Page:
Director Tom Hooper Starring Eddie Redmayne, Alicia Vikander UK Release Date 1st January 2016
THE DANISH GIRL exceeded all my expectations. In fact it completely destroyed them. I expected a film about Lili Elbe: one of the first to undergo reconstructive genital surgery in Copenhagen in the early 1920s, transitioning from successful male (on the exterior) painter Einar Wegerner into her true internal identity, Lili.
But Tom Hooper’s lavish film is about friendship. I love films about friendship. They have been that bit less ‘done’ than films about romantic love, and feel more universal. In place of the spotlight I expected to see beaming at thespian royalty, fresh-off-the-Oscar-stage Eddie Redmayne was a gilt frame around him and co-star Alicia Vikander, who undeniably outshines him as Einar’s wife, and then Lili’s friend, Gerda.
The combination of surprise at not only how encapsulating Vikander is but how big a piece of the pie she is given by Hooper and screenwriter Lucinda Coxon, and elation at the complexity of the two protagonists’ relationship, resulted in a viewing experience that indeed exceeded all my expectations. Advertising has been problematic, for a film starring Eddie Redmayne as Lili Elbe was always going to result in surrounding film conversations focusing on how the British Oscar-winner pulls off wearing a wig rather than Lili Elbe – a suspiciously contrived decision. But Oscar-baiting aside, it is Gerda’s psychological transition and selflessness as she goes from enjoying a happy marriage to being a supportive friend that will really move the audience.
Both Gerda and a pre-publicly-Lili Einar are Danish artists, the latter a great deal more successful in society’s eyes. Gerda strives to capture the graceful essence of femininity which frustratingly evades her in her paintings. And then one moment spurns not only her professional inspiration but her husband’s personal: she asks her to pose with a stocking so she can finish detailing the foot of a ballerina. Publicly posing as a woman awakens a dormant Lili and catalyses her journey into becoming the picture of feminine beauty, and inversely painting it where Gerda is concerned.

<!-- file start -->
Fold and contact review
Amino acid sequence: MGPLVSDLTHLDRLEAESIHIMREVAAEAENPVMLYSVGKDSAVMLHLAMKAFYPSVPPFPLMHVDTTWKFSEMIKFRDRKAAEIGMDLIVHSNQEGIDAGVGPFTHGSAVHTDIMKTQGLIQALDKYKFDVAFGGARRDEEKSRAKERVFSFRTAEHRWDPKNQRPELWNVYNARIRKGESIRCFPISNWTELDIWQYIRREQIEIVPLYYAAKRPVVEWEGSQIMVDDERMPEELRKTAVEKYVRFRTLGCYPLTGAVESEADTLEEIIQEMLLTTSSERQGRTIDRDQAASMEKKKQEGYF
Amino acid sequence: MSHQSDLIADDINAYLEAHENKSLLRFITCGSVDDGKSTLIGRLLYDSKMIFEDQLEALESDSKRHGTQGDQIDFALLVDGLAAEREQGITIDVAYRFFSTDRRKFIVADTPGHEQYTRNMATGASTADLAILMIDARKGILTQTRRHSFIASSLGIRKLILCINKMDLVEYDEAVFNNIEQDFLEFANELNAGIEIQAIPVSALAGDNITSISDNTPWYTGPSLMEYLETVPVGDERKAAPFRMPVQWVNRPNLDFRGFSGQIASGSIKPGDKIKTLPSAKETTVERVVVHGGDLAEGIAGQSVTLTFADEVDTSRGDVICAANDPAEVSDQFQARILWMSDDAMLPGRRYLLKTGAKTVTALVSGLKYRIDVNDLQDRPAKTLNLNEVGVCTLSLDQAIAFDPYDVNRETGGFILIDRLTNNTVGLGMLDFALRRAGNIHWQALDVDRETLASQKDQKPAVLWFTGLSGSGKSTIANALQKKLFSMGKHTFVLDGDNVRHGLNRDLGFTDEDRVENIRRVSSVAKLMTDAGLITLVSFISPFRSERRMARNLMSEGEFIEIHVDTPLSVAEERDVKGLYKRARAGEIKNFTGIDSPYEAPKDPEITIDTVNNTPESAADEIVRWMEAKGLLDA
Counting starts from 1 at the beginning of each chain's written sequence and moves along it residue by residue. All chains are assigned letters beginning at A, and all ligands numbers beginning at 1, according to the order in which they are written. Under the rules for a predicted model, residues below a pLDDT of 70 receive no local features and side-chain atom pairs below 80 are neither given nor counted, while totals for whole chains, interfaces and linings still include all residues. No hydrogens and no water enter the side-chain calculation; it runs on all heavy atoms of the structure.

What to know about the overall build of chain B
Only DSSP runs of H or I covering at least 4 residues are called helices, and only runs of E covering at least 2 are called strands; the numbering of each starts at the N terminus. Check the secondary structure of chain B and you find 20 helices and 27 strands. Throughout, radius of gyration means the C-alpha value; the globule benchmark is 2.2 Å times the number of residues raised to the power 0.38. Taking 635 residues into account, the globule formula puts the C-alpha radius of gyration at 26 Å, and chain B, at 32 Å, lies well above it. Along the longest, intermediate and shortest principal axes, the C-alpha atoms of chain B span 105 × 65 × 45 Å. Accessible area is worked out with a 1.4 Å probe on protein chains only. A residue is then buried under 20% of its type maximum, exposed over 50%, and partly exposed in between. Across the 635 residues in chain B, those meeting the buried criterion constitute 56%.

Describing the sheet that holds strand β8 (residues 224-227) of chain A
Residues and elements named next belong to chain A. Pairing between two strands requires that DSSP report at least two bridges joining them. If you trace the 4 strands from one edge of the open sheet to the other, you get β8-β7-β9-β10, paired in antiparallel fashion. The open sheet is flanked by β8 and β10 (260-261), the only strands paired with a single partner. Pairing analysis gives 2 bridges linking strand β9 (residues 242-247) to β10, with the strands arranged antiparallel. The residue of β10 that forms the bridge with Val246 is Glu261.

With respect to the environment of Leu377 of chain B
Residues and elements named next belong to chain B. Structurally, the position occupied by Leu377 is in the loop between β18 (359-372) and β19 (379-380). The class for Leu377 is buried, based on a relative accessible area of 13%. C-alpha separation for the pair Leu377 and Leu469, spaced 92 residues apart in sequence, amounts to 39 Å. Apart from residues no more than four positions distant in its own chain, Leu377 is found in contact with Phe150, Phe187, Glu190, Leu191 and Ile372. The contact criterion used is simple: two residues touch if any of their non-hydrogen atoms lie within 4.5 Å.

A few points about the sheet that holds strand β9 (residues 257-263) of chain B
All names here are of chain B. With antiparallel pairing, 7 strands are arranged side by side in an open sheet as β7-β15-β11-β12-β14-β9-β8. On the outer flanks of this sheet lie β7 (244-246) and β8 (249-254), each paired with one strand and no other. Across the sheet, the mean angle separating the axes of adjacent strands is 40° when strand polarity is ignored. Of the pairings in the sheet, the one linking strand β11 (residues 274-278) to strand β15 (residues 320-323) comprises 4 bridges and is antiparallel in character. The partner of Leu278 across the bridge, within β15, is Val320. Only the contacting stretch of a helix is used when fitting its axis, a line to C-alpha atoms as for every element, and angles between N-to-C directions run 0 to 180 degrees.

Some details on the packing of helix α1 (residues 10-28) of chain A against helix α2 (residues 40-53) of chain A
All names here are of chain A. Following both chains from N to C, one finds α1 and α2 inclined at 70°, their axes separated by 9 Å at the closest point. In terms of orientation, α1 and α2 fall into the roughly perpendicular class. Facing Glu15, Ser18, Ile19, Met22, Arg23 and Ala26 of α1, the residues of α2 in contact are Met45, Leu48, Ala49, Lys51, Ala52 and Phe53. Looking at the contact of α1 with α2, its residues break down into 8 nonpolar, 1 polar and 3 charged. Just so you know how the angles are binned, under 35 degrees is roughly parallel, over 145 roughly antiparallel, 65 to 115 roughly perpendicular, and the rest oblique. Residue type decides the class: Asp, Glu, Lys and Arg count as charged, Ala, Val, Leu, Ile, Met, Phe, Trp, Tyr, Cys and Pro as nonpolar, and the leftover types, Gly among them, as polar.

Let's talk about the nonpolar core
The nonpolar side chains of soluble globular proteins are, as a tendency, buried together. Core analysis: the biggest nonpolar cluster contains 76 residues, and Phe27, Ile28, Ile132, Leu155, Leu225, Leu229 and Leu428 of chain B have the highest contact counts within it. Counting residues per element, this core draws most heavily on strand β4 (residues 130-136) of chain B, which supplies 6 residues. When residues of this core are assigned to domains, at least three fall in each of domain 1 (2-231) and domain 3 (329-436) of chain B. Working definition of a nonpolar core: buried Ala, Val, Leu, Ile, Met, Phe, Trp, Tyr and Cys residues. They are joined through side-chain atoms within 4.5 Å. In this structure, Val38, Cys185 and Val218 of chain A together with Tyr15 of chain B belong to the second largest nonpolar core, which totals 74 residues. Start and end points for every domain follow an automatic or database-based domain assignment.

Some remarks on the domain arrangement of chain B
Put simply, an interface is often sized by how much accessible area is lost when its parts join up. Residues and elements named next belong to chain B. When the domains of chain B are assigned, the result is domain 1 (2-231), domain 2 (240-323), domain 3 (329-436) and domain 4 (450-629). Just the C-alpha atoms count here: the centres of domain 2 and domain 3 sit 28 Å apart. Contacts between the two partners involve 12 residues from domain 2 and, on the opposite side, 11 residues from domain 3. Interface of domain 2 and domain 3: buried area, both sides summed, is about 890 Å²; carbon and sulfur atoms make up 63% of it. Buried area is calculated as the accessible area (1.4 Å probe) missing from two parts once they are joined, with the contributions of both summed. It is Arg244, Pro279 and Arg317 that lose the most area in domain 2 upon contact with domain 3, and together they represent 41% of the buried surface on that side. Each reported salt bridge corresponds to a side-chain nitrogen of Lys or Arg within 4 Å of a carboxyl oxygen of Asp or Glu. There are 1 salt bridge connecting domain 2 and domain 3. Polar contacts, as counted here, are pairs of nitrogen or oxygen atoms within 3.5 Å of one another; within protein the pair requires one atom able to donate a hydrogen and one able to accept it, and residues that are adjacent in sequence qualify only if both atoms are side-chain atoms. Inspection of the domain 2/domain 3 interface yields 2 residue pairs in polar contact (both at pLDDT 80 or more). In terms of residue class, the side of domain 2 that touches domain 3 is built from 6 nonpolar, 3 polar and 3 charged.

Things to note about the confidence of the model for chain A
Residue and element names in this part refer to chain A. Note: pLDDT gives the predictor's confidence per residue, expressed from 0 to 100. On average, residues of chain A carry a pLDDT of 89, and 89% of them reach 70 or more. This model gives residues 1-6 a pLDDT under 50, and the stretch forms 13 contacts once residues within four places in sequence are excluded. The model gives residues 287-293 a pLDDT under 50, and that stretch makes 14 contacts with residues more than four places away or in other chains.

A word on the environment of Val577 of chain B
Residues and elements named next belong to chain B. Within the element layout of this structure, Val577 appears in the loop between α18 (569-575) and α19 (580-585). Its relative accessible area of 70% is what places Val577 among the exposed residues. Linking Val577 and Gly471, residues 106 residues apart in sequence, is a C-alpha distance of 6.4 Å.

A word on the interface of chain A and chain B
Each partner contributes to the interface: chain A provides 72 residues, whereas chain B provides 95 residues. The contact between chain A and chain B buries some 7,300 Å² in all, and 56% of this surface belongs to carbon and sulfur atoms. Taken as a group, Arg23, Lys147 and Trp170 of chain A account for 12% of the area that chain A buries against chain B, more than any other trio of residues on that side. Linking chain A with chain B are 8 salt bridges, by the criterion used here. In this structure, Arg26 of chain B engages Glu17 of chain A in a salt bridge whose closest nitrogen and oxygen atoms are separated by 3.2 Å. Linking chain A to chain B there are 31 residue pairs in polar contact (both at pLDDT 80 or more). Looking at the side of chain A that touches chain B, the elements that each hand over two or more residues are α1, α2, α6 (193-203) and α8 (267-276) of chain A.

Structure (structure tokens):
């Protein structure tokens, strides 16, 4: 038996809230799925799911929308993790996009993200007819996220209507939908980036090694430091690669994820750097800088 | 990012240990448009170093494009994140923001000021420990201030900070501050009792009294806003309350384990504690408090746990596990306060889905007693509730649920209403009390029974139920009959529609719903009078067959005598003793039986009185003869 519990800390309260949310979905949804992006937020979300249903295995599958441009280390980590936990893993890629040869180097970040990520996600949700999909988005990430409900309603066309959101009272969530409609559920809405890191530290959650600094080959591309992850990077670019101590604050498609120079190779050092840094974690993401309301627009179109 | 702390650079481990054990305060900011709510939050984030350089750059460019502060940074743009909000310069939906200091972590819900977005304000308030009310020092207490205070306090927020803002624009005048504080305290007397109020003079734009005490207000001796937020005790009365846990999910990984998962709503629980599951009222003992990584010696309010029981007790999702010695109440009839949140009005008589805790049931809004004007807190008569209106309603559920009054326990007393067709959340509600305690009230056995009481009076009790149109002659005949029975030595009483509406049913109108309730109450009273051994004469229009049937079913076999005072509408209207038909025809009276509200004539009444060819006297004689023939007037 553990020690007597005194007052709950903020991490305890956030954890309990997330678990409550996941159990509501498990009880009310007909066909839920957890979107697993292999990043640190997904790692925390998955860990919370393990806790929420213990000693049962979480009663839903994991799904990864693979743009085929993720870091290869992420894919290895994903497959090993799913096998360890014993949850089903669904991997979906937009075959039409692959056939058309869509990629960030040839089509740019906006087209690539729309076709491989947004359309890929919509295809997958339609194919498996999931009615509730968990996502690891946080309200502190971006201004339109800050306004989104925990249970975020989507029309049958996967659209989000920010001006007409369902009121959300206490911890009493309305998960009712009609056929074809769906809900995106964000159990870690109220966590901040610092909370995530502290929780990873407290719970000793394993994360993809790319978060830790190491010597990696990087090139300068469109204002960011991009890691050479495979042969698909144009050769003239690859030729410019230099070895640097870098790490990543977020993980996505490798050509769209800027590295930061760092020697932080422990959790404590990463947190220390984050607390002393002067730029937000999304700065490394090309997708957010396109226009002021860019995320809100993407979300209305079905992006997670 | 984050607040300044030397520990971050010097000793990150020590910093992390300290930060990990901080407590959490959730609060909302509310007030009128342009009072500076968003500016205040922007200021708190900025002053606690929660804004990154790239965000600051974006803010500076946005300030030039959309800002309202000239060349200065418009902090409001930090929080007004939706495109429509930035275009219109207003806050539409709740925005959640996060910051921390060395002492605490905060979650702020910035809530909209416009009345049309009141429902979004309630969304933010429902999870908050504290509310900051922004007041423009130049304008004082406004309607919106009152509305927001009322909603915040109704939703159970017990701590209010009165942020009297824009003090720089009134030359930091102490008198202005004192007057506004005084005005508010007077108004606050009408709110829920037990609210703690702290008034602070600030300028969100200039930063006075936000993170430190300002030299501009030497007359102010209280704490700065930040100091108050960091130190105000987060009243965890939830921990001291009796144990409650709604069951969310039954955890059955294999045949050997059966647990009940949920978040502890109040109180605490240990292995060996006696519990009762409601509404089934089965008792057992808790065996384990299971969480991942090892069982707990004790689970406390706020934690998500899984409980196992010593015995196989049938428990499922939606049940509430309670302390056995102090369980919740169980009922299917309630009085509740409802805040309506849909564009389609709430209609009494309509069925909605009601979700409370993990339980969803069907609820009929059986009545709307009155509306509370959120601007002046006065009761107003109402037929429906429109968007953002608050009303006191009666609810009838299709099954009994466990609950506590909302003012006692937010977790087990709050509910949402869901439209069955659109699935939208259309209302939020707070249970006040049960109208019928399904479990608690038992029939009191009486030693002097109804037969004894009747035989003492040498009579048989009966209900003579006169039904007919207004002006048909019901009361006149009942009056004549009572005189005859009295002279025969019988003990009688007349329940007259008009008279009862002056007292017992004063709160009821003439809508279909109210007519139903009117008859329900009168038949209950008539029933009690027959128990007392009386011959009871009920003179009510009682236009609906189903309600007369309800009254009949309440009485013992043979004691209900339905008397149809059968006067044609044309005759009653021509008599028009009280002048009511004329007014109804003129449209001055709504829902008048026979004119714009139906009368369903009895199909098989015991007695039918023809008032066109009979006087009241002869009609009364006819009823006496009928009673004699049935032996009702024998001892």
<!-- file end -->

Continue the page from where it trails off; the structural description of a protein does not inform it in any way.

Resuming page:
In this way the two leads are connected by the same goal to transcend the standards they have been defined by, and their mutual support is a sweet thing to watch. However it just so happens that Vikander’s portrayal of Gerda’s journey is so much more captivating. For – brace for shock – Redmayne is not a trans person, and the film has garnered quite a bit of criticism for him (yet again – see THE THEORY OF EVERYTHING) playing a marginalised person and attracting Academy attention. As has been alluded to by critics, the coy smiles he employed in his last big role are overplayed to the max here and somewhat divert attention from his character’s true emotions onto Vikander’s. Gerda’s bisexual status IRL is omitted from the film, too, as it was from the book of the same name on which the film is based. What does this culminate in? At its worst, a high-profile film that once again sidelines its supposedly central issue.
So THE DANISH GIRL succeeds in capturing beauty – in the scenery, in the music, in the movement of its protagonists and the stroke of their brushes – without giving Lili the agency we expected. But whereas many will justifiably see this as an unforgiveable missing of the point, it argues that gender in general, from whichever angle you choose to approach it, is just one big construction. It is beautifully, movingly articulated, but in making its point it leaves us with a somewhat artificial view of humanity. Maybe not the best outcome for the first likely awards contender about a trans person.